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Foot and mouth disease

ISSN 2398-2993

Synonym(s): vesicles, oral erosions, notifiable


While there is currently no foot and mouth disease in the UK, FMD is endemic in Africa. 


  • Cause: foot-and-mouth disease (FMD) is a highly contagious, transboundary viral disease of cloven-hooved mammals caused by FMD virus (FMDV).
  • Signs:
    • General clinical signs include: short-lived pyrexia which precedes the development of gross clinical signs such as excessive salivation/nasal discharge, and the formation of vesicles on the oral mucosa (tongue, dental pad, gums), nostrils, teats, the inter-digital spaces and coronary bands of the feet.
    • However, the severity of clinical signs varies with the strain of the virus, exposure dose, age and breed of animal, host species, and level of host immunity.
  • Diagnosis:
    • FMD can be suspected on appearance of clinical signs, however, definitive diagnosis cannot confirmed without further laboratory tests.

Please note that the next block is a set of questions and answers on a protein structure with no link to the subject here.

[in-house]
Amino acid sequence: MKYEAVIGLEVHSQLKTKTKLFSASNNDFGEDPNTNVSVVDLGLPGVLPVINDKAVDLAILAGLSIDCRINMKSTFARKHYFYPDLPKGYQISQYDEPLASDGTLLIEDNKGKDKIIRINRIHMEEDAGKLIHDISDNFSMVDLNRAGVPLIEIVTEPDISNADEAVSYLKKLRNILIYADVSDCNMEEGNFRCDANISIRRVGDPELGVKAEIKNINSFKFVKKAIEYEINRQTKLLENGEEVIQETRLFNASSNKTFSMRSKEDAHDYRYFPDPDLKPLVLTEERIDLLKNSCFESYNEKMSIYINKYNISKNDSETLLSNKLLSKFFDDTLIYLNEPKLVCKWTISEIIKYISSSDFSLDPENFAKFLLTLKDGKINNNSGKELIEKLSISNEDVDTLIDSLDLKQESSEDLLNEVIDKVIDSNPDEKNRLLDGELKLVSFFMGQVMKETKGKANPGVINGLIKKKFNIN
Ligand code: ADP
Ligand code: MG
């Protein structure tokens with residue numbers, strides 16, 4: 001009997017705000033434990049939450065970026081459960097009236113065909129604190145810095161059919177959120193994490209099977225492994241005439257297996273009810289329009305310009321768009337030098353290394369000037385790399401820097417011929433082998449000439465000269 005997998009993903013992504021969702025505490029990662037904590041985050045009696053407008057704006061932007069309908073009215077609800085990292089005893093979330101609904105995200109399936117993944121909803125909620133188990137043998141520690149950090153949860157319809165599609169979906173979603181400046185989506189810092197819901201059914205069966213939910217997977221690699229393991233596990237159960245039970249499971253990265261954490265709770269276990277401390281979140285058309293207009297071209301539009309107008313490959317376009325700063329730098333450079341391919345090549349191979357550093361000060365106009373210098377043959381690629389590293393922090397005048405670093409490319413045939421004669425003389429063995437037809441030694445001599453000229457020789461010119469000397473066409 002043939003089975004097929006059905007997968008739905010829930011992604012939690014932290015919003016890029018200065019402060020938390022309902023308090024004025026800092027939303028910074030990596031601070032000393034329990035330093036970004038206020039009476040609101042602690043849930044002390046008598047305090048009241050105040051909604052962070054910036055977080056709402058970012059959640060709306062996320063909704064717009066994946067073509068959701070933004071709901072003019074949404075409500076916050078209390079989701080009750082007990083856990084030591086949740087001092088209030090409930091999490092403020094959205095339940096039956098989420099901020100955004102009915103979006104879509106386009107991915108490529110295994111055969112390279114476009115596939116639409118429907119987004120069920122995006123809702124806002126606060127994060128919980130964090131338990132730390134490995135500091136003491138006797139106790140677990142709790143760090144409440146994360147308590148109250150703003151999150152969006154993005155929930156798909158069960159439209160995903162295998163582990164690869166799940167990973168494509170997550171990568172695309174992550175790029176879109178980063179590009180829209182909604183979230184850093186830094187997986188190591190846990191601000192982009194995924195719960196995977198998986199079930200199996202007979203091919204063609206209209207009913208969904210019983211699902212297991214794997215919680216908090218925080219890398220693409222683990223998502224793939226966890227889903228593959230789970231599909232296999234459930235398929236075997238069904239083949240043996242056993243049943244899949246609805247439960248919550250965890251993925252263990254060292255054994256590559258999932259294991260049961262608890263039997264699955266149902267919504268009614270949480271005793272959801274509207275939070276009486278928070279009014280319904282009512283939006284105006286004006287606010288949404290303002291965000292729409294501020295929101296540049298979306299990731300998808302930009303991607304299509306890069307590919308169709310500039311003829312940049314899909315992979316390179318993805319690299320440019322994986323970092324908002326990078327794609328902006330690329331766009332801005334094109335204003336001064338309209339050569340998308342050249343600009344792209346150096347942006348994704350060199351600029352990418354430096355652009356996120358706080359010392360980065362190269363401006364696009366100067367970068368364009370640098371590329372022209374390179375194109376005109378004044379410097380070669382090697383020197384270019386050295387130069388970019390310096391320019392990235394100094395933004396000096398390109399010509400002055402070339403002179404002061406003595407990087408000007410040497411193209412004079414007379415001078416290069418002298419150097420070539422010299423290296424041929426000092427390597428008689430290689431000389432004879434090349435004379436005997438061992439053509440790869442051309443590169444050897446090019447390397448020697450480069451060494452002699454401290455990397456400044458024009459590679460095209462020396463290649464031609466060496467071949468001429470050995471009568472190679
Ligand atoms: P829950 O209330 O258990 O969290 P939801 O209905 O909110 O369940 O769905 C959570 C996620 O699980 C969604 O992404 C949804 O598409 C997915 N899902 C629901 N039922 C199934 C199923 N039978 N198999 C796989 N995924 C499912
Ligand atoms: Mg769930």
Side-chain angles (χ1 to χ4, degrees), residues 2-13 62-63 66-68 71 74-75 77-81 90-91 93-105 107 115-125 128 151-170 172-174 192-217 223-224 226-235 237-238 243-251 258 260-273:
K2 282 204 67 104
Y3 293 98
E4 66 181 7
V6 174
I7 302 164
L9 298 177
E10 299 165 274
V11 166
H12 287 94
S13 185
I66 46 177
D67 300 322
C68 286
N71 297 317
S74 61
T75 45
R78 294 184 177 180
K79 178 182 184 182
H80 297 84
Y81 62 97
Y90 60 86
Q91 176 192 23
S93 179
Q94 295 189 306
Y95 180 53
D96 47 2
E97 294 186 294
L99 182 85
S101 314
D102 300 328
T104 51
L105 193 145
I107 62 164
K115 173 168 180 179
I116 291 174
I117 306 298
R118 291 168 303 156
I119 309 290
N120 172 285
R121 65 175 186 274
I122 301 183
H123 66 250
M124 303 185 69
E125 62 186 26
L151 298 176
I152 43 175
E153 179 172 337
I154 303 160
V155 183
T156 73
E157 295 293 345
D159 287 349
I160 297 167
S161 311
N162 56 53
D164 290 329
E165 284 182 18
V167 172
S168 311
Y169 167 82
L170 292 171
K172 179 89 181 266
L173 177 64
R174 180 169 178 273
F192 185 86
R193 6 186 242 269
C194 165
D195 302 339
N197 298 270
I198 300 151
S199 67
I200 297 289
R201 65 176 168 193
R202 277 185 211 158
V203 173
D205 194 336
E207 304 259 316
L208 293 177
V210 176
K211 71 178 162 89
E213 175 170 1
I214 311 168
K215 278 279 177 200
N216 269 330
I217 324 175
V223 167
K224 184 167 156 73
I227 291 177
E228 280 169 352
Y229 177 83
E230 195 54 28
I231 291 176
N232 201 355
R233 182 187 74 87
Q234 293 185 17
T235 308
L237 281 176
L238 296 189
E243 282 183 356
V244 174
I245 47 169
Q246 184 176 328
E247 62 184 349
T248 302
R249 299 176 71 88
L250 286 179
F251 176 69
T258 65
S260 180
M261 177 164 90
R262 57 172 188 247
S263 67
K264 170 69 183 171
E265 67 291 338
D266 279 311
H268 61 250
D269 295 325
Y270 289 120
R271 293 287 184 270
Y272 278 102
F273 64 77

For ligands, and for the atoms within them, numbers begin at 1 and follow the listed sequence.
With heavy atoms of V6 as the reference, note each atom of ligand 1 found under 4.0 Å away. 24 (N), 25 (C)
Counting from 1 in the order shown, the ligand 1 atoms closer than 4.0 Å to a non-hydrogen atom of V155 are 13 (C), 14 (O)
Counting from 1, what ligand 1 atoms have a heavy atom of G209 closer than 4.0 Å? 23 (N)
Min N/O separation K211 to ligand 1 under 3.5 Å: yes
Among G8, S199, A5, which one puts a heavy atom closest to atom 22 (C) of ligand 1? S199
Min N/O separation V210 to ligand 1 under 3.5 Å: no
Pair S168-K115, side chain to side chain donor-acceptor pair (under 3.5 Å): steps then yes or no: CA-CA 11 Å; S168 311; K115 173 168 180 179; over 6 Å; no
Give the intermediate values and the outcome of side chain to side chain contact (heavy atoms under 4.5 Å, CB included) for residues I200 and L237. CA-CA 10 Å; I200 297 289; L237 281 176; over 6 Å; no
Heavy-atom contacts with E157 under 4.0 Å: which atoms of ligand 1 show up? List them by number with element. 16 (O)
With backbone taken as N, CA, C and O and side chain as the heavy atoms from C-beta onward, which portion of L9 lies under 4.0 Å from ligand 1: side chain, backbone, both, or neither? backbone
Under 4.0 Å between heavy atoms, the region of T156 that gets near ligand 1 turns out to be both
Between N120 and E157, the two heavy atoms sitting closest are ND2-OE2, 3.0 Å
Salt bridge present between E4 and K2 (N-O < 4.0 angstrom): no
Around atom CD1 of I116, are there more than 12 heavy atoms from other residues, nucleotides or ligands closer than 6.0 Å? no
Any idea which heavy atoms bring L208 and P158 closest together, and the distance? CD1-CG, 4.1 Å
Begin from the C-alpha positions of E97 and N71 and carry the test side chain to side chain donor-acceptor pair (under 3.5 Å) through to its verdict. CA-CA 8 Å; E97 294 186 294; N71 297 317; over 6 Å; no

• Diseases, such as vesicular stomatitis (VS) present with the same clinical signs in cattle.  
  • Treatment:
    • Vaccines do exist for FMD and are used prophylactically in some areas of the world.
    • Vaccines will be ineffective if the animal is already infected.
    • There is no commercially available treatment which can specifically target FMDV once an animal is infected but supportive care including painkillers and antibacterials can be used for severe infection and secondary bacterial infection respectively.
    • Animals usually recover from clinical signs after clearance of the virus within about two weeks. Return to previous milk production can have a lag phase depending on breed.
  • Prognosis: high morbidity (up to 100%), low mortality in adult animals (1-5%) but is observed in young animals due to myocarditis.